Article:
So why is there such a consensus? Some – including Trump’s defenders – have claimed that voter fraud is widespread. However, there is no good empirical evidence that voter fraud occurs often enough to have any plausible impact on elections. As a 2014 article in the Election Law Journal by John Ahlquist, Kenneth R. Mayer and Simon Jackman puts it pungently: “the lower bound on the population reporting voter impersonation is nearly identical with the proportion of the population reporting abduction by extraterrestrials.” More simply put – if you rely on survey evidence to ‘prove’ the existence of voter fraud, you should also believe that large numbers of Americans are kidnapped by space aliens. About the same number of people – 2.5 percent of the population – say that they have been involved in both.
The first kind of evidence that people could turn to is direct evidence of voter fraud happening. Kobach, as Secretary of State in Kansas, claimed that voting fraud was a widespread problem, and demanded and got special prosecutorial powers to pursue fraud allegations. But as the Post has noted, when he “examined 84 million votes cast in 22 states to look for duplicate registrants … 14 cases were referred for prosecution, representing 0.00000017 percent of the votes cast.”
This failure reflects a general finding in the political science literature. As Ahlquist, Mayer and Jackman describe it, there is no independent evidence of large scale voter impersonation:
Virtually all the major scholarship on voter impersonation fraud — based largely on specific allegations and criminal investigations — has concluded that it is vanishingly rare, and certainly nowhere near the numbers necessary to have an effect on any election. … To give one idea of the scale: A review of allegations in the 2008 and 2010 elections in Texas found only four complaints of voter impersonation, out of more than 13 million votes cast, and it is not clear whether any of the complaints actually led to a prosecution (Minnite, 2013:101). By contrast, the 2000 presidential election almost certainly was altered by poor ballot design in Palm Beach County, which resulted in at least 2,000 voters who intended to vote for Al Gore and Joe Lieberman casting their ballots for Pat Buchanan by mistake (Wand et al., 2001).
If there isn’t good direct evidence, is there any indirect evidence? That is the question that Ahlquist, Mayer and Jackman try to answer, looking for evidence on rates of voter fraud from survey data. The problem they face is that very few people are going to admit to having committed election fraud. Hence, they use an ingenious trick to make it easy for people to reveal (in the aggregate) whether they’ve committed voter fraud without ‘fessing up to it as individuals. First, they randomly divide the people whom they are surveying into a control group and a treatment group. They ask each group to look at a list, and say how many of the actions on that list they have carried out (without revealing which specific actions they have done). The control group gets a list of purely innocuous actions. The treatment group gets the same list, but with one addition — a question asking them whether they have ever committed voter fraud.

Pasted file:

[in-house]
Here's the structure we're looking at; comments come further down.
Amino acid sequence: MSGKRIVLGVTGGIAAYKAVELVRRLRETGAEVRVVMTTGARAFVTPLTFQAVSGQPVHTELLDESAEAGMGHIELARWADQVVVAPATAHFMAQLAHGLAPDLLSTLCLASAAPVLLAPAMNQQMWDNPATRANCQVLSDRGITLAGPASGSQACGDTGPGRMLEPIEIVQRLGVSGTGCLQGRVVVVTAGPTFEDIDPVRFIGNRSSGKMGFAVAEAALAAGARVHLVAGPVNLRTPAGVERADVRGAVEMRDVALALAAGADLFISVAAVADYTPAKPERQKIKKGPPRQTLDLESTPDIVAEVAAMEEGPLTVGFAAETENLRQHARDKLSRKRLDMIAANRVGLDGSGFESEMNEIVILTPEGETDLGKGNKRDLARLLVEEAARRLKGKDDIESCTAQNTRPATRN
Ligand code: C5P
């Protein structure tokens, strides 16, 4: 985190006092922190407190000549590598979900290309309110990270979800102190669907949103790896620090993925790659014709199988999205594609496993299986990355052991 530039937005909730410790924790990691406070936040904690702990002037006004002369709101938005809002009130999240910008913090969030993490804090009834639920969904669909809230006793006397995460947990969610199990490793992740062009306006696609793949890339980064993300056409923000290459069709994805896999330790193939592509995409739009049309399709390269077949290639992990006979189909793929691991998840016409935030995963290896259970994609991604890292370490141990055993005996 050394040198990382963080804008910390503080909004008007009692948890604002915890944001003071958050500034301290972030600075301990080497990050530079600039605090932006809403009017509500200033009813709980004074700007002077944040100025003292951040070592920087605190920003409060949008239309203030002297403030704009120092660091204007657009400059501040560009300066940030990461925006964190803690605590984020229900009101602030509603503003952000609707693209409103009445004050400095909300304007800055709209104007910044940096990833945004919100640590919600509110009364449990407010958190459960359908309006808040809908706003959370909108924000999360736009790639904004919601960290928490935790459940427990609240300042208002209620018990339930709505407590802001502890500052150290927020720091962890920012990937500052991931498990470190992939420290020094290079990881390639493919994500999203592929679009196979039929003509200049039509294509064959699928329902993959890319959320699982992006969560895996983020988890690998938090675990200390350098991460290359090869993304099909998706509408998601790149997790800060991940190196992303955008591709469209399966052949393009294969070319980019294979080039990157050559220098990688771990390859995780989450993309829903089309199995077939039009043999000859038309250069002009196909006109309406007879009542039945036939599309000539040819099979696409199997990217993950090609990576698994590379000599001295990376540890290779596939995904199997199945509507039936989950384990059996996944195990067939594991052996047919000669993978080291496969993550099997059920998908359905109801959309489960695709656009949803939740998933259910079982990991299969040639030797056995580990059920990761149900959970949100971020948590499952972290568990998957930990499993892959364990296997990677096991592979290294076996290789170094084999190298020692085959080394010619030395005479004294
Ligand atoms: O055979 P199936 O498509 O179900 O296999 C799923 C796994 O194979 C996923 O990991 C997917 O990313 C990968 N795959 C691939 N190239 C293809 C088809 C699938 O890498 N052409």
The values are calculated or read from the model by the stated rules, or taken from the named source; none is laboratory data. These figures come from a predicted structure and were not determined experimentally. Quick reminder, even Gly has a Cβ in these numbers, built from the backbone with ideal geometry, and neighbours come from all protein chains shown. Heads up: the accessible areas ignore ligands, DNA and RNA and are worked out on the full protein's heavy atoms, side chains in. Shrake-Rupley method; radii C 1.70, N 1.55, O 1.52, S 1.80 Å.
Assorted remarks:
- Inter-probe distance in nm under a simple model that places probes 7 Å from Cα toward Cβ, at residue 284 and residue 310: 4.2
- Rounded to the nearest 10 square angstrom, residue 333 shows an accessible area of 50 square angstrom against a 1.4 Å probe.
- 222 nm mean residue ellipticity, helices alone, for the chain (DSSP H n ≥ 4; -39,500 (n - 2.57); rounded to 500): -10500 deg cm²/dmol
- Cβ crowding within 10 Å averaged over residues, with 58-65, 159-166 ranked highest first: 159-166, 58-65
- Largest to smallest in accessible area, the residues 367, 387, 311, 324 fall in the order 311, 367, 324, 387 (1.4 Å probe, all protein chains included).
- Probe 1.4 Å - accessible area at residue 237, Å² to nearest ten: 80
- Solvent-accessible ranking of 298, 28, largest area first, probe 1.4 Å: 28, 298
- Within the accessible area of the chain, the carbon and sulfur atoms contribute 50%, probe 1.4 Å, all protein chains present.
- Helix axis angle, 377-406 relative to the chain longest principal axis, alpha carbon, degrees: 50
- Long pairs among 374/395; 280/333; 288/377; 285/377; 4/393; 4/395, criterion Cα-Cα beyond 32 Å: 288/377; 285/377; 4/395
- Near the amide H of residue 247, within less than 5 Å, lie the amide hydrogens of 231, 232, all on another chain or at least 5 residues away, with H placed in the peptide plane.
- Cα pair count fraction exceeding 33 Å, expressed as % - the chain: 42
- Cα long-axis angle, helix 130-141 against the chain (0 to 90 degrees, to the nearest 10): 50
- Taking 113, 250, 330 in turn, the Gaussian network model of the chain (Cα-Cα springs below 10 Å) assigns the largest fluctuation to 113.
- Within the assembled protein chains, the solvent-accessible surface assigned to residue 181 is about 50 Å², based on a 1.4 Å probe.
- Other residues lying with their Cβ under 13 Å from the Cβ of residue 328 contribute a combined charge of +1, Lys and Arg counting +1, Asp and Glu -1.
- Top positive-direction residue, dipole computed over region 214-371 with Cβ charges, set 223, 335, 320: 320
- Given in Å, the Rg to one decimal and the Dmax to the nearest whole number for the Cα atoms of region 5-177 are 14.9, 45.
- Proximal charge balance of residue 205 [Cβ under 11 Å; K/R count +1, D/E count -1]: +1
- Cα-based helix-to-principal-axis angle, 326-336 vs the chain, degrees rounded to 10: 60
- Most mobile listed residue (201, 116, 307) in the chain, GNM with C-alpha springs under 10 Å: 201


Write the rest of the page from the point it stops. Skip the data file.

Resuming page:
By comparing the average number of actions that people in the treatment group have carried out, with the average number of actions that people in the control group have carried out, Ahlquist, Mayer and Jackman can figure out whether voter fraud is a serious problem. If it is, the average number of actions ought to be significantly higher for the treatment group than the control group. This “list experiment” approach has been applied to voter fraud in other countries, as well as to other sensitive topics that people may have difficulty talking directly about, such as racial attitudes.
Ahlquist, Mayer and Jackman’s findings are unequivocal — “the notion that voter impersonation is a widespread behavior is totally contradicted by these data.” However, a few respondents in the treatment group report that they have committed all the actions listed, including voter fraud. Should this be interpreted as evidence that they have indeed cheated at the ballot box? Or are they simply answering the question carelessly?
There’s some internal evidence to suggest that they are just being careless. But to be sure, Ahlquist, Mayer and Jackman carried out a second set of experiments, which is where the extraterrestrial abductions come in. Few people believe that Americans are not being kidnapped en masse by space aliens eager to conduct experiments on their sensitive bits. So, Ahlquist, Mayer and Jackman did a second list experiment in which members of the control group, instead of being asked about voter fraud, were asked whether they have been abducted by aliens. If people answered yes to all questions with about the same proportions in both the space alien abduction experiment and the voter fraud experiment, then this suggests either that people are rushing through the surveys carelessly, or that alien abduction is a much bigger problem than any of us knew. And this is indeed what the authors found:
The implication here is that if one accepts that 2.5% is a valid lower bound for the prevalence of voter impersonation in the 2012 election then one must also accept that about 2.5% of the adult U.S. population — about 6 million people — believe that they were abducted by extra-terrestrials in the last year. If this were true then voter impersonation would be the least of our worries.
So in short, this research provides exactly as much evidence supporting the claim that millions of people are being kidnapped by space aliens to conduct personally invasive experiments on, as it does to support Trump’s claim that millions of people are engaging in voter fraud.
An earlier version of this post was published on Nov. 27, 2016.